A degree is a unit used to represent the measurement of an angle. Angles are usually measured in radians and degrees. In the case of practical geometry, we always use degrees as a unit of an angle. A degree is represented by ° (degree symbol).
|1.||Definition of Degree|
|2.||Measuring Angles in Degrees|
|3.||Solved Examples on Degrees|
|4.||Practice Questions on Degrees|
|5.||FAQs on Degrees|
Definition of Degrees
The unit of measure for an angle in mathematics is called a degree. The degree of an angle is measured by using a tool called a protractor. A complete circle rotates at 360° and angles can be measured at different angles showcasing different degrees such as 30°, 45°, 60°, and so on. One rotation is divided into 360 equal parts, and each part is called a degree. We denote a degree with a circle °. For example, 180° means 180 degrees.
Degrees and Radians
Angles are measured not only in degrees but also in radians. Radian is made by wrapping a radius along the circle. One complete counterclockwise revolution, in radians, is equal to 2π. We can convert the degree to radians and radians to degrees by using the following two formulas:
- To convert radians to degrees the formula is [Degrees = Radians × 180 / π]. One Radian is about 57.2958 degrees.
- To convert degrees to radians the formula is [Radians = Degrees × π / 180].
Given below is a table showing equivalent radian values for respective degrees:
Measuring Angles in Degrees
The best tool to measure angles in degrees is a protractor. The curved edge of the protractor is divided into 180 equal parts.
There are two sets of numbers on a protractor:
- One in a clockwise direction
- Another in a counter-clockwise direction
If you look closely, the protractor has degrees marked from 0 ° to 180 ° from left to right on the outer edge and 180 ° to 0 ° on the inside.
Internal reading and external reading supplement each other. i.e., they add up to form a 180° degree angle.
Look at the above image, if the measured angle is on the left side from the center of the protractor, we will focus on the external readings of the protractor. In this case, ∠POR lies on the left side therefore ∠POR = 80°.
If the measured angle is on the right side of the protractor, we will focus on the internal readings of the protractor. In this case, ∠QOR lies on the right side therefore, ∠QOR = 100°.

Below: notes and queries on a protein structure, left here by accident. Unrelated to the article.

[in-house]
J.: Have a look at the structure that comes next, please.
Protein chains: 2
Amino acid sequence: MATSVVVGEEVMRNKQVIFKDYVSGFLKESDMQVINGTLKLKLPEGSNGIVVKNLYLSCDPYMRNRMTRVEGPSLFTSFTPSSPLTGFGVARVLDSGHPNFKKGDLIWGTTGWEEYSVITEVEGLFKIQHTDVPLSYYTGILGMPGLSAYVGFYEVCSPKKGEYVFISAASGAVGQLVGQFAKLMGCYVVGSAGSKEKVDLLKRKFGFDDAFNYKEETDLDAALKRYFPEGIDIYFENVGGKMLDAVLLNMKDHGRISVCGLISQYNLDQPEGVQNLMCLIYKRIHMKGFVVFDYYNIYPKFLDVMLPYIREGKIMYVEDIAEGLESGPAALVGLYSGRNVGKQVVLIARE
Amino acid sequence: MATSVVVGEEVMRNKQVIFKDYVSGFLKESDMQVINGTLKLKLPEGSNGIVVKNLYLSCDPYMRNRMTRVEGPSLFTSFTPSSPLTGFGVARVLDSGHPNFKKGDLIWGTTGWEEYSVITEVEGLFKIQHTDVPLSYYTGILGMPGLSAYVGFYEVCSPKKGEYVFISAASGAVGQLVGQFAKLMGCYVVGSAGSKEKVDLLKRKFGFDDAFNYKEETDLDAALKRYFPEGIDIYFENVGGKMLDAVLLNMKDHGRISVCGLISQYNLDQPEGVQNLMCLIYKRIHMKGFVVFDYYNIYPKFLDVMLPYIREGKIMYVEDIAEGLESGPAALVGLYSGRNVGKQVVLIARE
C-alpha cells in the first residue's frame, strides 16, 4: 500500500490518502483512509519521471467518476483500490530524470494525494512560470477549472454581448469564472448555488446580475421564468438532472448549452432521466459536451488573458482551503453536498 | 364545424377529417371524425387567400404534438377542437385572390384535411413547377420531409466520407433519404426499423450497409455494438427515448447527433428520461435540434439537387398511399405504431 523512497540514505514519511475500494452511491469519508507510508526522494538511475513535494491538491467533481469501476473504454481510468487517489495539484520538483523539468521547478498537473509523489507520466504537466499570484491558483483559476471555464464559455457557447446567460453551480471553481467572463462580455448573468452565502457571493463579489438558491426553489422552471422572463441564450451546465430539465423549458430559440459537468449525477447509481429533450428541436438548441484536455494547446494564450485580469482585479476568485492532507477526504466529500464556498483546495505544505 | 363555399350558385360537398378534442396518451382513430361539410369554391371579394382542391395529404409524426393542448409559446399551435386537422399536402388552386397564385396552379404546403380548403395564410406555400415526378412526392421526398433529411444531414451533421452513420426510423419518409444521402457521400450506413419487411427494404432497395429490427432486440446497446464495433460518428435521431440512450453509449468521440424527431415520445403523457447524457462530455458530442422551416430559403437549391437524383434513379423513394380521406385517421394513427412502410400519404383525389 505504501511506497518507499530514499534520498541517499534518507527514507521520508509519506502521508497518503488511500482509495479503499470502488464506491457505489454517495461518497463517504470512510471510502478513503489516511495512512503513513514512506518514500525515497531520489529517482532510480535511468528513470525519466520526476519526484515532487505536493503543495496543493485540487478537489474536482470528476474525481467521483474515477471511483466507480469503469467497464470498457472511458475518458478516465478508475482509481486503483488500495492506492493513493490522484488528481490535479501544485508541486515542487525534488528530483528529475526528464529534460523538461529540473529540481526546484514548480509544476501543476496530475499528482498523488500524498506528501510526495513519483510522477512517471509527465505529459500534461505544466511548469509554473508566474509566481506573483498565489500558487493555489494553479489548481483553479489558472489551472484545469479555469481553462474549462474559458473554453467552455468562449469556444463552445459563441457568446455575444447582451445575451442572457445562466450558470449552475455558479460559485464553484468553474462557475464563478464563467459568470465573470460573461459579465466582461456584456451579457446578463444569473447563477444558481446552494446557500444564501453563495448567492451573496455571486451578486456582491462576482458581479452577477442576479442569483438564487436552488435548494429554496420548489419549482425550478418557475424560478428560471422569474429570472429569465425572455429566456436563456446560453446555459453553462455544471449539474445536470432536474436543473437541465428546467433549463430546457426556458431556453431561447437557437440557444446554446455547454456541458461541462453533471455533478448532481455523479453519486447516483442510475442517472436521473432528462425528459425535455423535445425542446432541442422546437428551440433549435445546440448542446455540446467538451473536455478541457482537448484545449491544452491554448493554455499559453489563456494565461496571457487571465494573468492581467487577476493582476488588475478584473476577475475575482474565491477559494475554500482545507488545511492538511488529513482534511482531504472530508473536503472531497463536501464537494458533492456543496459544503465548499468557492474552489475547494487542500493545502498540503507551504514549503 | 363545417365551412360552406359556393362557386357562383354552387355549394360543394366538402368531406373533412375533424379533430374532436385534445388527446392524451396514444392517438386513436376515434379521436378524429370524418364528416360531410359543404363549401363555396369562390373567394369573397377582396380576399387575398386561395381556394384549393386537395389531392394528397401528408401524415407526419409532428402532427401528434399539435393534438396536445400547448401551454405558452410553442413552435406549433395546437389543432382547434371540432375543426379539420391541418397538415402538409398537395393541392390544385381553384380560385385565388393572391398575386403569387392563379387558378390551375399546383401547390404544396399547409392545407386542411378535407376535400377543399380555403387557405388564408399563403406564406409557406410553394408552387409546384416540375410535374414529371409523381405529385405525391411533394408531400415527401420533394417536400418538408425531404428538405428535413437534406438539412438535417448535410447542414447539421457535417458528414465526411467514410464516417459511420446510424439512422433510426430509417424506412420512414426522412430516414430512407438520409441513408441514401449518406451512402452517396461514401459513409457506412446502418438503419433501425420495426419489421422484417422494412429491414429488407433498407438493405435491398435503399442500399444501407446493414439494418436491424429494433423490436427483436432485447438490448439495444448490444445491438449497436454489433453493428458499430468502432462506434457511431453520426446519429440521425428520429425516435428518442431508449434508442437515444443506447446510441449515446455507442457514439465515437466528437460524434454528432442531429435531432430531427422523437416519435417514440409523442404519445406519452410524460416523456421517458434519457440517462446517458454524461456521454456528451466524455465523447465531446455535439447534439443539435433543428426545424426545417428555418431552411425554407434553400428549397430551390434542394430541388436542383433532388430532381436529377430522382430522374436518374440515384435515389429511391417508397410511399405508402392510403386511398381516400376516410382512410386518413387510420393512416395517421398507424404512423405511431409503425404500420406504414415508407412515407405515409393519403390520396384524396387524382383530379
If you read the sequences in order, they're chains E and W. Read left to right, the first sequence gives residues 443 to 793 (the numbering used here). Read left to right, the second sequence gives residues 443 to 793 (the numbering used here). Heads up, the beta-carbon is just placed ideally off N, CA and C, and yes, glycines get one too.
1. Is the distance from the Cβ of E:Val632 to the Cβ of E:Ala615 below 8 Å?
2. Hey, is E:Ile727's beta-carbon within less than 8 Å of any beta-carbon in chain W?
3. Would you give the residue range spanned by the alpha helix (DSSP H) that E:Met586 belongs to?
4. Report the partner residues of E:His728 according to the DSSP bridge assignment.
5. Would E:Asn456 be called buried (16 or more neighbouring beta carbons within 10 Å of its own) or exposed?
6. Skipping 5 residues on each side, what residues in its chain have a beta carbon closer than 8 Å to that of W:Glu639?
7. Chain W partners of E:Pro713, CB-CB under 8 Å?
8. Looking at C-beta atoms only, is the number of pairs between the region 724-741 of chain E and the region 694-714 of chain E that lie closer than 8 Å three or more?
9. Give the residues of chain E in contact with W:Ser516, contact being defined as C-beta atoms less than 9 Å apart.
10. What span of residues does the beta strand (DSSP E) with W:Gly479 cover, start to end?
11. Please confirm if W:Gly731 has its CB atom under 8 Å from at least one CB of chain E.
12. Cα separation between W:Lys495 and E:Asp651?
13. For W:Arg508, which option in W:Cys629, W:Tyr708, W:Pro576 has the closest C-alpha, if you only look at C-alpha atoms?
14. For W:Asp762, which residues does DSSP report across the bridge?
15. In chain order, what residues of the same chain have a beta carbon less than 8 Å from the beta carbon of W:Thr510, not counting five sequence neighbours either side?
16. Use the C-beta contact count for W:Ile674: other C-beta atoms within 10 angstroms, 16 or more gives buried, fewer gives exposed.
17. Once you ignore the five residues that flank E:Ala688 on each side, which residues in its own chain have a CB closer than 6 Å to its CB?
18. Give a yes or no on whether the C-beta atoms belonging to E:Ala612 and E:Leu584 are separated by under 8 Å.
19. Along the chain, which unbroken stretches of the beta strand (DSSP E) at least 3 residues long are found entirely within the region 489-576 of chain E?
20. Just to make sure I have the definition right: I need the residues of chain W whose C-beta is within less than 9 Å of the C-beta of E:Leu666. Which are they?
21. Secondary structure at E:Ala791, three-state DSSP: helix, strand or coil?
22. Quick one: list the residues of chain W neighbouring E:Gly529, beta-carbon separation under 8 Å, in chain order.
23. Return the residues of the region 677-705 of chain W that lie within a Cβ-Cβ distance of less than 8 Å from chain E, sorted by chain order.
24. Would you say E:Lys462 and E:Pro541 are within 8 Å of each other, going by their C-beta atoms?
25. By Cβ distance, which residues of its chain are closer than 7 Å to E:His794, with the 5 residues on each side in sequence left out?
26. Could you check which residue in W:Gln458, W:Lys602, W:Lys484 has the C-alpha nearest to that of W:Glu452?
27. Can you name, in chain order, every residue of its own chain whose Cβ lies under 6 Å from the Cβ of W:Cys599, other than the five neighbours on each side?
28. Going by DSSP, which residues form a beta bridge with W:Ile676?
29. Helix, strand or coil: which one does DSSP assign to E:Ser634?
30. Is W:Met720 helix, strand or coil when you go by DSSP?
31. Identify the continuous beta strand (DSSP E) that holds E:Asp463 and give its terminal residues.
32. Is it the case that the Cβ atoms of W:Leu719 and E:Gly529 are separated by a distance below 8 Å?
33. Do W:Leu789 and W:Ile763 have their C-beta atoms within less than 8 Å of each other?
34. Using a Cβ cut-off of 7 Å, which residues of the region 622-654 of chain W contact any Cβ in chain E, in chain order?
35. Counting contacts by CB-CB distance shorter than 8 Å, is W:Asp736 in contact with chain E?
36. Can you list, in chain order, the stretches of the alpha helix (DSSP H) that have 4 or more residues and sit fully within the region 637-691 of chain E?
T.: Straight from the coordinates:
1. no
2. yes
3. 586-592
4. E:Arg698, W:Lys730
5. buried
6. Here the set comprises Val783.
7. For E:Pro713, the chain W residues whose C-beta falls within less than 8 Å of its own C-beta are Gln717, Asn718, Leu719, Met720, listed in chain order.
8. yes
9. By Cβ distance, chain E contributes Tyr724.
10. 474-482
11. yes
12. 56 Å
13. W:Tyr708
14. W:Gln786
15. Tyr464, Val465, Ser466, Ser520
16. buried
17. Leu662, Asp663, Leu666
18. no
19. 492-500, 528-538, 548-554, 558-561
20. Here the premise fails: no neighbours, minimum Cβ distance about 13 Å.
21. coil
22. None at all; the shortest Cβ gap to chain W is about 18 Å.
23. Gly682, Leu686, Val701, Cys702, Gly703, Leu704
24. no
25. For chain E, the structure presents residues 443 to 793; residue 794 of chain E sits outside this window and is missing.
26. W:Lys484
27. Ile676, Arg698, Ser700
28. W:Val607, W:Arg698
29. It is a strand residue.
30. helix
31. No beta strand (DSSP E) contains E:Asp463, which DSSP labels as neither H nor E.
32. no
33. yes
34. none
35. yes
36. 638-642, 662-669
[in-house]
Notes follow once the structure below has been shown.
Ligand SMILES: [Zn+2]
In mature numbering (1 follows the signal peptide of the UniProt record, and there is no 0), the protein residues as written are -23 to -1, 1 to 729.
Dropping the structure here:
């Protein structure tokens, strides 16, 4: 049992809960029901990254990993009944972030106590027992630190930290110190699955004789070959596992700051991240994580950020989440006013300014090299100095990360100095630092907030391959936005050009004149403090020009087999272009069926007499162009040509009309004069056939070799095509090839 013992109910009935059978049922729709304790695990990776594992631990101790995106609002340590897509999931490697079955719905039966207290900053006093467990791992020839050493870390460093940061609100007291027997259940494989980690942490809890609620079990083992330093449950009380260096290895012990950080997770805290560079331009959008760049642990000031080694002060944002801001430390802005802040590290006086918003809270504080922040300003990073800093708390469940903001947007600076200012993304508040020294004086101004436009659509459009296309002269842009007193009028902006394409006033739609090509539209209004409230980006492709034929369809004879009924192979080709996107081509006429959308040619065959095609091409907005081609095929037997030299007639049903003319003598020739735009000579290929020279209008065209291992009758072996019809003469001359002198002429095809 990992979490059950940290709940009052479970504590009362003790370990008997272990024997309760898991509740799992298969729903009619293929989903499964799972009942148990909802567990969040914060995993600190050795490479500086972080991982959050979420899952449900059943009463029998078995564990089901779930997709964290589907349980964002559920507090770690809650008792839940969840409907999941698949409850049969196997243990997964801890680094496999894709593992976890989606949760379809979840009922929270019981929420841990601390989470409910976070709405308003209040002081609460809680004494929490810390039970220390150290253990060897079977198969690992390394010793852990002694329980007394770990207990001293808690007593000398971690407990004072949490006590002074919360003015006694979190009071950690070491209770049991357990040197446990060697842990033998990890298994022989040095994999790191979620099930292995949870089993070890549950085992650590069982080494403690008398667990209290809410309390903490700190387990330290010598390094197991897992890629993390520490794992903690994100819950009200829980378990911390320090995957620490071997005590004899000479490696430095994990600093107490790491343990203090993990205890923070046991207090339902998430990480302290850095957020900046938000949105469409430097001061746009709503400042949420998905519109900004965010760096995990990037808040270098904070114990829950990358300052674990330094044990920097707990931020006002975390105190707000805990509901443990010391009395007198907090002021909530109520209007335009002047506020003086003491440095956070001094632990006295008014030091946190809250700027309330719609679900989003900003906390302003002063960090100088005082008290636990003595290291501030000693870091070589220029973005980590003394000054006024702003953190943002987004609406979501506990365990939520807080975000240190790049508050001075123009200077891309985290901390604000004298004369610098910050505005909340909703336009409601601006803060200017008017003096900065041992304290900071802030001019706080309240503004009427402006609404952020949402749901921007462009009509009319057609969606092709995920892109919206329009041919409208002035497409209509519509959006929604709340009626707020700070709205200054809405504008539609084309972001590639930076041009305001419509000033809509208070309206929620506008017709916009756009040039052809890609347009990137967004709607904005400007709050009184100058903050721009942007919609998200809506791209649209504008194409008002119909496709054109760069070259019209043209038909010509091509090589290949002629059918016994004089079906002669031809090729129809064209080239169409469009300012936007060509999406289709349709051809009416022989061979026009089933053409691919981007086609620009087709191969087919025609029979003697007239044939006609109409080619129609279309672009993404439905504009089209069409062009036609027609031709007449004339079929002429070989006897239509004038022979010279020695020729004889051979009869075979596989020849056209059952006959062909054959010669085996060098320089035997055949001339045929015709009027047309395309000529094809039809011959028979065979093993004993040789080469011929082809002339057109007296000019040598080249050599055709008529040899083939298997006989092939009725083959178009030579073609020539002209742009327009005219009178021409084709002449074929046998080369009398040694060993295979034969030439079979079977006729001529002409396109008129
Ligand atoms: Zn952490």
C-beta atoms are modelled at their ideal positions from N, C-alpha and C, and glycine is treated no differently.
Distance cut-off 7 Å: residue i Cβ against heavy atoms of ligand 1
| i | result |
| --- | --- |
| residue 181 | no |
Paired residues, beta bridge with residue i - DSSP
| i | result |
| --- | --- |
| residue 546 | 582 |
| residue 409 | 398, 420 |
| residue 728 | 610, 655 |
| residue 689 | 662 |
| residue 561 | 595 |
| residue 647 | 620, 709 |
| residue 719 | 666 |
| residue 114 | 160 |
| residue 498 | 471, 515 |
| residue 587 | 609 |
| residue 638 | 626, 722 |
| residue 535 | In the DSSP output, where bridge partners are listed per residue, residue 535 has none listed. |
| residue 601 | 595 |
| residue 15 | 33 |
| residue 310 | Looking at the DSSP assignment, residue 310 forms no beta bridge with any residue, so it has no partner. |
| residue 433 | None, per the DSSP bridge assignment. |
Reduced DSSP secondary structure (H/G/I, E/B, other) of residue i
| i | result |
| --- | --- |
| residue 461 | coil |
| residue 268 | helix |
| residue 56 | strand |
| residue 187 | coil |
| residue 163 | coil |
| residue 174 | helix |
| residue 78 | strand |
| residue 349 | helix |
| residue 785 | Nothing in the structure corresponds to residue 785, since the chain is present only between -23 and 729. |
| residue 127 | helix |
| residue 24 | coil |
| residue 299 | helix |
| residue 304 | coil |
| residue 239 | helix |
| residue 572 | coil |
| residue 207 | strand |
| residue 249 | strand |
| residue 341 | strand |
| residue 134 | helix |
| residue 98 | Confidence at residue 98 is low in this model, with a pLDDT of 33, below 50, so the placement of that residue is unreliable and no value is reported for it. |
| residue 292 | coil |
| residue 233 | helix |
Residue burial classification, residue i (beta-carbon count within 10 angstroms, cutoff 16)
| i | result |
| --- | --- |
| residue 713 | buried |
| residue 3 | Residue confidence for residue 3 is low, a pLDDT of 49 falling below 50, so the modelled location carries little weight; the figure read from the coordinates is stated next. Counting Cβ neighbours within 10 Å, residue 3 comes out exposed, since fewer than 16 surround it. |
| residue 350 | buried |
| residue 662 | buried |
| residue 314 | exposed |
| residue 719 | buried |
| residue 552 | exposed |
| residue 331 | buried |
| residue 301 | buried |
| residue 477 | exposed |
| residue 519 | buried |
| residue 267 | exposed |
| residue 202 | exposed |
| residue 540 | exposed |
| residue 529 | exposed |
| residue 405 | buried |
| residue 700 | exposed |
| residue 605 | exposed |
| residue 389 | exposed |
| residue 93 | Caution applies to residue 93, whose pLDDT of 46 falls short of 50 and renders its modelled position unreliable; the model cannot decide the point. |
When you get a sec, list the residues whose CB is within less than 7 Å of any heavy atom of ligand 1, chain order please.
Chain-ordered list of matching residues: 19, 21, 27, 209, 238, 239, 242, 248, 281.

Here we have another example of measuring angle in degrees. Let's try to measure the angle ∠AOB in the figure given below with the help of a protractor.
Step 1:Hold the protractor in such a way that the midpoint of the protractor coincides with vertex O of the given figure. Align the protractor perfectly with the ray OB as shown below.
Step 2: Start reading from the 0° mark on the bottom-right of the protractor. Measure the angle using the internal readings on the lower arc of the protractor.
Therefore, ∠AOB = 37°.
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Solved Examples on Degrees
Example 1: Find the total number of degrees in three straight angles?
Solution: One straight angle = 180 degrees.
Three straight angles = one and a half full rotations
= 360 + 180 = 540 degrees.
Another approach to find the number of degrees in three straight angles = 3 × 180° = 540°.
Hence, with both the methods answer is same.
The three straight angles = 540 degrees.
Example 2: Emma and James are cutting papers with the help of scissors to build some designs. James observes that during the cutting process, scissors make an angle. He asked Emma what the angle is in degree formed between the two arms of the given pair of scissors? Can you help her?
Solution: Place the protractor along one arm and measure the angle in degrees.
The angle which is to be measured is at the left part of the protractor.
Therefore, use the outer readings of the protractor.
Therefore, Angle formed = 30°
Example 3: Help Jack to convert the 60-degree angle into radians.
Solution: The formula for the conversion of degree into radians is, 1 degree = π/180 rad
Now multiply 60 on both sides,
1 degree = π/180 rad
60 × degree = π/180 × 60° rad
= π/3 rad
= 1.047 rad
Therefore, 60 degrees = 1.047 rad
FAQs on Degrees
What is 1 Degree in Radians?
1 degree = π/180 radians
= 0.0174533 radians
How do you Define a Degree?
A degree, usually indicated by ° (degree symbol), is a measure of the angle. Angles can be of different measures or degrees such as 30°, 90°, 55°, and so on. To measure the degree of an angle, we use a protractor.
What Tools are Used to Measure the Degree of Angles?
There are 5 Types of Tools to Measure Angles:
- Angle Gauge
- Multiple Angle Measuring Ruler
- Try Square
- Sine Bar
How Many Degrees Are in a Half Turn?
Half-turn means making a straight angle. The measurement of a straight angle is 180°. Therefore, in half-turn, there are 180 degrees.
How Many Degrees are in a Full Turn?
Full-turn means making a completer angle. The measurement of a complete angle is 360°. Therefore, in one full turn, there are 360 degrees.
What is a Degree in Math Geometry?
A degree is a unit. While measuring any angle we use the degrees symbol to denote it. It is denoted by °. For example, one full rotation is 360 degrees or (360°). One degree is equivalent to π180 radians.
What are the Different Degrees of Angles we see in Geometry?
There are different types of angles according to their degrees in geometry. Let us see what they are:
- Right Angle - Measurement of the right angle is 90 degrees (90°).
- Obtuse Angle - Measurement of an obtuse angle is greater than 90° and lesser than 180°
- Straight Angle - The Measurement of straight angle is 180°
- Reflex Angle - Measurement of the reflex angle is greater than 180° and lesser than 360°.